These States Are Getting Less of the COVID Vaccine Than They Were Told
Due to a miscommunication from Operation Warp Speed, the second allotment is looking much smaller.
As the COVID vaccine continues to be rolled out across the U.S., one of the key factors state officials need to make decisions about who's getting vaccinated and when is up-to-date information on how many doses their state is receiving. While there have been some small-scale hiccups previously—like doses being stored too cold—one of the biggest distribution issues happened late last week when governors of at least half of states across the country learned they'd be getting about 20 to 40 percent fewer doses of the vaccine this week than they were told previously. Now, reduction in distribution of the COVID vaccine in 25 states is leaving state officials scrambling. Read on to find out if your state has been affected, and for more vaccine news, check out The One Thing About the COVID Vaccine That's Surprising Even Doctors.
The issue is that states were given estimates based on the total number of vaccine doses produced, without factoring in that not all of those doses would complete quality control and be able to be released in time to be sent out. Gen. Gustave Perna, chief operating officer for Operation Warp Speed, revealed on Saturday during a press conference that when allocating doses, he had not taken into consideration the time it would take for the vaccine to go through the quality control process that the Food and Drug Administration (FDA) has put in place.
Perna apologized to governors, admitting it was entirely his fault. "At the end of the day, I accept responsibility for the miscommunication," he said. "Where I failed—I failed, nobody else failed—is to have a clear understanding of that cadence. But when I applied it into our forecast methodology and our planning with the states, I realized that there was a delta to the numbers that I personally thought were available and ready for distribution and what was releasable."
According to USA Today, Health and Human Services (HHS) sent a letter to governors Friday night to explain the discrepancy. "There was some confusion between planning and training numbers provided in mid-November and actual official weekly allocations, which are only available the week prior to distribution shipping because they are based on the number of releasable vaccine doses available," HHS said in a statement on Friday. "We are working on clearing up any misunderstanding with the governors and jurisdictions." Read on to see if your state is struggling due to a reduction in COVID vaccine allotment, and for more updates on getting your shots, If You Did This in 2020, You Can Get Your COVID Vaccine Sooner.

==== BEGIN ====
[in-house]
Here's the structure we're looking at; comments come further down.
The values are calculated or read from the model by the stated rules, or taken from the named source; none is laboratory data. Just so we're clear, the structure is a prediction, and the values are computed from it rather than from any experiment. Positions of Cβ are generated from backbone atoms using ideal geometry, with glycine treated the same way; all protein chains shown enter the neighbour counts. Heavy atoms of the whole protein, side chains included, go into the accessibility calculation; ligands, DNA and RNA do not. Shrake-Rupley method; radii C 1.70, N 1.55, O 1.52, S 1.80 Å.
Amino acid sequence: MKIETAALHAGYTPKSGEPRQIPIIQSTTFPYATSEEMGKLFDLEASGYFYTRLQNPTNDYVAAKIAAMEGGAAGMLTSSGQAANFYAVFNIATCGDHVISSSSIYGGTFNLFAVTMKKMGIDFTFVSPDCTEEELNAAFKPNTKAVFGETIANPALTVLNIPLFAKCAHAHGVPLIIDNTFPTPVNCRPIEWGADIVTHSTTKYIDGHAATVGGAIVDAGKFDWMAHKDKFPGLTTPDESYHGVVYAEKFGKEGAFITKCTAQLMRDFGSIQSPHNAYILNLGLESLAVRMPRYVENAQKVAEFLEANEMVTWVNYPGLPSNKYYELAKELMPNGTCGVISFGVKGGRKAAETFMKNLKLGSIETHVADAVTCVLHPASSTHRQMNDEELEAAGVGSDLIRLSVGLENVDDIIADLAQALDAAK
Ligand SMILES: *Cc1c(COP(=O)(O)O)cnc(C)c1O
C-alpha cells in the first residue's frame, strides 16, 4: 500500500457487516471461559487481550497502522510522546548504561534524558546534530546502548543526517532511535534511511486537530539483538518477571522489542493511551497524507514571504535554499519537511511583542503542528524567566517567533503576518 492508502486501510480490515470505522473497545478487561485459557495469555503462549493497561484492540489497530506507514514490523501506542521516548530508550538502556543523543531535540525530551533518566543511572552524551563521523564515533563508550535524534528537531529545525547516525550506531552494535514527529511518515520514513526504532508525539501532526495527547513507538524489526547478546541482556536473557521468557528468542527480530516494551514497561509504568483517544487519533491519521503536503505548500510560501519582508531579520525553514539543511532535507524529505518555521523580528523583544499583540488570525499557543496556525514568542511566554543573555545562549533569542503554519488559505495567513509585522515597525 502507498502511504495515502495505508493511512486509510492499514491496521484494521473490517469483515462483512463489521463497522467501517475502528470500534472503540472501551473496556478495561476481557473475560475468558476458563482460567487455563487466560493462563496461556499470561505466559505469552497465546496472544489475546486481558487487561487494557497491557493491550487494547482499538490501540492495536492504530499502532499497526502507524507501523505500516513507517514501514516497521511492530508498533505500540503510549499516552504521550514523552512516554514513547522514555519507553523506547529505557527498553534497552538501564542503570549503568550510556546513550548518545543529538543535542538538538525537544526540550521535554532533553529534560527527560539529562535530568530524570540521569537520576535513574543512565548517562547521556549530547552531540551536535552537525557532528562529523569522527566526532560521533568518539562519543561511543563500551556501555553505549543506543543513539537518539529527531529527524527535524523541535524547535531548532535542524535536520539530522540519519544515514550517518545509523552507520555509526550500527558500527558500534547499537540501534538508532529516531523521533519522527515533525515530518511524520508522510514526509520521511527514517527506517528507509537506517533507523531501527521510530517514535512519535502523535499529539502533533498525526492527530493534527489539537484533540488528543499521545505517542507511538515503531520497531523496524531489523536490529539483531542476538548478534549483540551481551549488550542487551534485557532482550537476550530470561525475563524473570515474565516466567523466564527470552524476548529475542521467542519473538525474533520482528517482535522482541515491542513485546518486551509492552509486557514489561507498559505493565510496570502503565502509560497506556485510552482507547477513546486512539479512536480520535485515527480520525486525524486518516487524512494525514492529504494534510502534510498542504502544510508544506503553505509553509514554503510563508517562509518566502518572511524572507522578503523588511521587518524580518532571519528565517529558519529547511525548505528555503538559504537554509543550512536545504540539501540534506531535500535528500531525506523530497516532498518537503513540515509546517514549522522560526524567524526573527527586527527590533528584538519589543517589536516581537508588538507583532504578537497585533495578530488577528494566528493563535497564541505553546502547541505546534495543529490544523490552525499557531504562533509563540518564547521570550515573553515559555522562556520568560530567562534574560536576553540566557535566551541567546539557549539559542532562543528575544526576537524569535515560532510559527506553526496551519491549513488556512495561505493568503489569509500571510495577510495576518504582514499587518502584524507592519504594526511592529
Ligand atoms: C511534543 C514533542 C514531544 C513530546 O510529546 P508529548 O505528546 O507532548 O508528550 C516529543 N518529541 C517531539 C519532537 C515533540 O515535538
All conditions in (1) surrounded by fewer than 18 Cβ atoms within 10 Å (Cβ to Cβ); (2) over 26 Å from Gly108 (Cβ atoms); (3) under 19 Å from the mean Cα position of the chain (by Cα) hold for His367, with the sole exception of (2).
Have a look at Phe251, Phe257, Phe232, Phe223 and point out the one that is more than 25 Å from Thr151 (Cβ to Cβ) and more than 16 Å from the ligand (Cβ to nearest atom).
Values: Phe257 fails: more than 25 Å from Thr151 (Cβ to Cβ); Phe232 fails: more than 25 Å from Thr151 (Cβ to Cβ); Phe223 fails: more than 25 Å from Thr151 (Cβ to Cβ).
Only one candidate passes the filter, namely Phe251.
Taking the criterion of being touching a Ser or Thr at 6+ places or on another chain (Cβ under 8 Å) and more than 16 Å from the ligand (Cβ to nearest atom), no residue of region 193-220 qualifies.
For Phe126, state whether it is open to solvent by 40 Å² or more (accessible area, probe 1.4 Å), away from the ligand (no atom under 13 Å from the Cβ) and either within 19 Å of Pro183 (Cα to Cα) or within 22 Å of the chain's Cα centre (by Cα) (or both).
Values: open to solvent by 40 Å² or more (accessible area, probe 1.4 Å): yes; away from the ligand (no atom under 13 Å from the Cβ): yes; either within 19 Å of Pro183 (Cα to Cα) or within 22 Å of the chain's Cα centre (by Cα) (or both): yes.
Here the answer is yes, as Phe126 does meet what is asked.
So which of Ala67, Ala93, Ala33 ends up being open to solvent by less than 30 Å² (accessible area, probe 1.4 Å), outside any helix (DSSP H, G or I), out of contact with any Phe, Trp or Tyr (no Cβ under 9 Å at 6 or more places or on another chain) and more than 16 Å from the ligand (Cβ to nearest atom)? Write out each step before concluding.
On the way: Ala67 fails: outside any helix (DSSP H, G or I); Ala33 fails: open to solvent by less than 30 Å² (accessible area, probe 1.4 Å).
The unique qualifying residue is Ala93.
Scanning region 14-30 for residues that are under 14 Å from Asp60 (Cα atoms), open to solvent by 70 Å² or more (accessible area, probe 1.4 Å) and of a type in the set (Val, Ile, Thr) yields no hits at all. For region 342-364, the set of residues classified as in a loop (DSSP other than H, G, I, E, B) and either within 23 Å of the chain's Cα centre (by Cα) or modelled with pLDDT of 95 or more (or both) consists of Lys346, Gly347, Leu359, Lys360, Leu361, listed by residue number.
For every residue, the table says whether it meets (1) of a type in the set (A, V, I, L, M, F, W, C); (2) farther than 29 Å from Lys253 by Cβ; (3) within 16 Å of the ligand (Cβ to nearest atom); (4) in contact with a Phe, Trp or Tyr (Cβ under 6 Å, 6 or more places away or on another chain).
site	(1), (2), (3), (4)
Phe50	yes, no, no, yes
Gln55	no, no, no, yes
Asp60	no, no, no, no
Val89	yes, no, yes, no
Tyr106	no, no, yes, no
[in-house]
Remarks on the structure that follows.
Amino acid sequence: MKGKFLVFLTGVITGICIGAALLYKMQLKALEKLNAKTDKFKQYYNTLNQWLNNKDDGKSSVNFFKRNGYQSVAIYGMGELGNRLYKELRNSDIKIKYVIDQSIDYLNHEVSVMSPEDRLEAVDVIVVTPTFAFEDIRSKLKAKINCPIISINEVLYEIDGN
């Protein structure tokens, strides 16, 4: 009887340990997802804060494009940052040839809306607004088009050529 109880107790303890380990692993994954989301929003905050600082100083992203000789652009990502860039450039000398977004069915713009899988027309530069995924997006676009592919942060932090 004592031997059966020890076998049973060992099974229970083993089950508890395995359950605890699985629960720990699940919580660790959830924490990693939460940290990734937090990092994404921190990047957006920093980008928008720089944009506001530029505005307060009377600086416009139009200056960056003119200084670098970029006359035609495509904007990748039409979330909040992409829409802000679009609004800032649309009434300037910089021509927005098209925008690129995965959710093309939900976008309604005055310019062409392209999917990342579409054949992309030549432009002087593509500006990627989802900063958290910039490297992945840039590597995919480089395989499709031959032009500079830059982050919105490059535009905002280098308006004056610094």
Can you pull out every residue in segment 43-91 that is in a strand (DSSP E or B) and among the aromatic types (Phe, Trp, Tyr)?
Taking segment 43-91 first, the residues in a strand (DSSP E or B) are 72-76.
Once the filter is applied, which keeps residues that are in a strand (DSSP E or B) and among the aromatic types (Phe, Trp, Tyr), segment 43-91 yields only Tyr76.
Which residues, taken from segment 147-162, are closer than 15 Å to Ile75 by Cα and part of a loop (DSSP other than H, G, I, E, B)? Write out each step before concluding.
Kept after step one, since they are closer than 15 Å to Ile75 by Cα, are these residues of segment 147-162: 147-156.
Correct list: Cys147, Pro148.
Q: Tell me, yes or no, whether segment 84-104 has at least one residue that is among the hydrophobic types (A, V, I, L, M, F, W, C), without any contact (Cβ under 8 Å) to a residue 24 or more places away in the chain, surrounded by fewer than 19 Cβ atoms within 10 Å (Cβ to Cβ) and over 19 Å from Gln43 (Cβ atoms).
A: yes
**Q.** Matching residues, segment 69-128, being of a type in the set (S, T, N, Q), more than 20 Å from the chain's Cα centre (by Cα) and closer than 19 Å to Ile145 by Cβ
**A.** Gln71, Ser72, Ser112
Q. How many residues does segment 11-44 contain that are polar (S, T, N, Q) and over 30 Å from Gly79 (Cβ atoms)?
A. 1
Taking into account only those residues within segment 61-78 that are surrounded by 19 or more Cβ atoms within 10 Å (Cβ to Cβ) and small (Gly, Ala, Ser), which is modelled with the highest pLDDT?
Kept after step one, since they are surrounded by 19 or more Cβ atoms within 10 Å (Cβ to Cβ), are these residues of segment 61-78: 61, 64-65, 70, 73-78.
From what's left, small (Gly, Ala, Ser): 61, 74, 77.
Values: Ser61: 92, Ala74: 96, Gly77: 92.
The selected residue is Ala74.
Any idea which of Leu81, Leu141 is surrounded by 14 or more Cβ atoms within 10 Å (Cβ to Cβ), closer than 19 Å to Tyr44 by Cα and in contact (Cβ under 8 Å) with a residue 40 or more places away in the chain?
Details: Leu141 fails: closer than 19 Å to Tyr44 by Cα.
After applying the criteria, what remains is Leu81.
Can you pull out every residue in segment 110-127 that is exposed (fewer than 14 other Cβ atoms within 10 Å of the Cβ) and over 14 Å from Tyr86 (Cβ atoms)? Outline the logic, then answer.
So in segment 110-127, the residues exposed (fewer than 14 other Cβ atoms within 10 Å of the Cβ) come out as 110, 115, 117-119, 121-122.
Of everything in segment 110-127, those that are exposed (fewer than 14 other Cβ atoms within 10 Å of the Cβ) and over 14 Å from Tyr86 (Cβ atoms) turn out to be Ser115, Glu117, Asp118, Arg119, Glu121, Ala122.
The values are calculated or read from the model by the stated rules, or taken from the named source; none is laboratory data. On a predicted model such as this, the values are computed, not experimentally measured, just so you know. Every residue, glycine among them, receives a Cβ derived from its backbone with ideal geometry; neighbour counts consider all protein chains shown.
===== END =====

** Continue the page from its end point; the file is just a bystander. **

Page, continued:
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As recently as Dec. 9, Washington officials were under the impression they were getting 74,100 doses of the vaccine, according to Mike Faulk, press secretary for Washington Gov. Jay Inslee.
"The 74,100 number was provided multiple times in multiple forms—by phone, email, and in the federal database. It was provided in an email directly from Operation Warp Speed to the Department of Health," Faulk told USA Today.
Then on Dec. 16, the Centers for Disease Control and Prevention (CDC) told Washington officials they'd be receiving 44,850 doses, which Inslee said on Dec. 17 was "disruptive and frustrating." "We need accurate, predictable numbers to plan and ensure on-the-ground success," he urged on Twitter.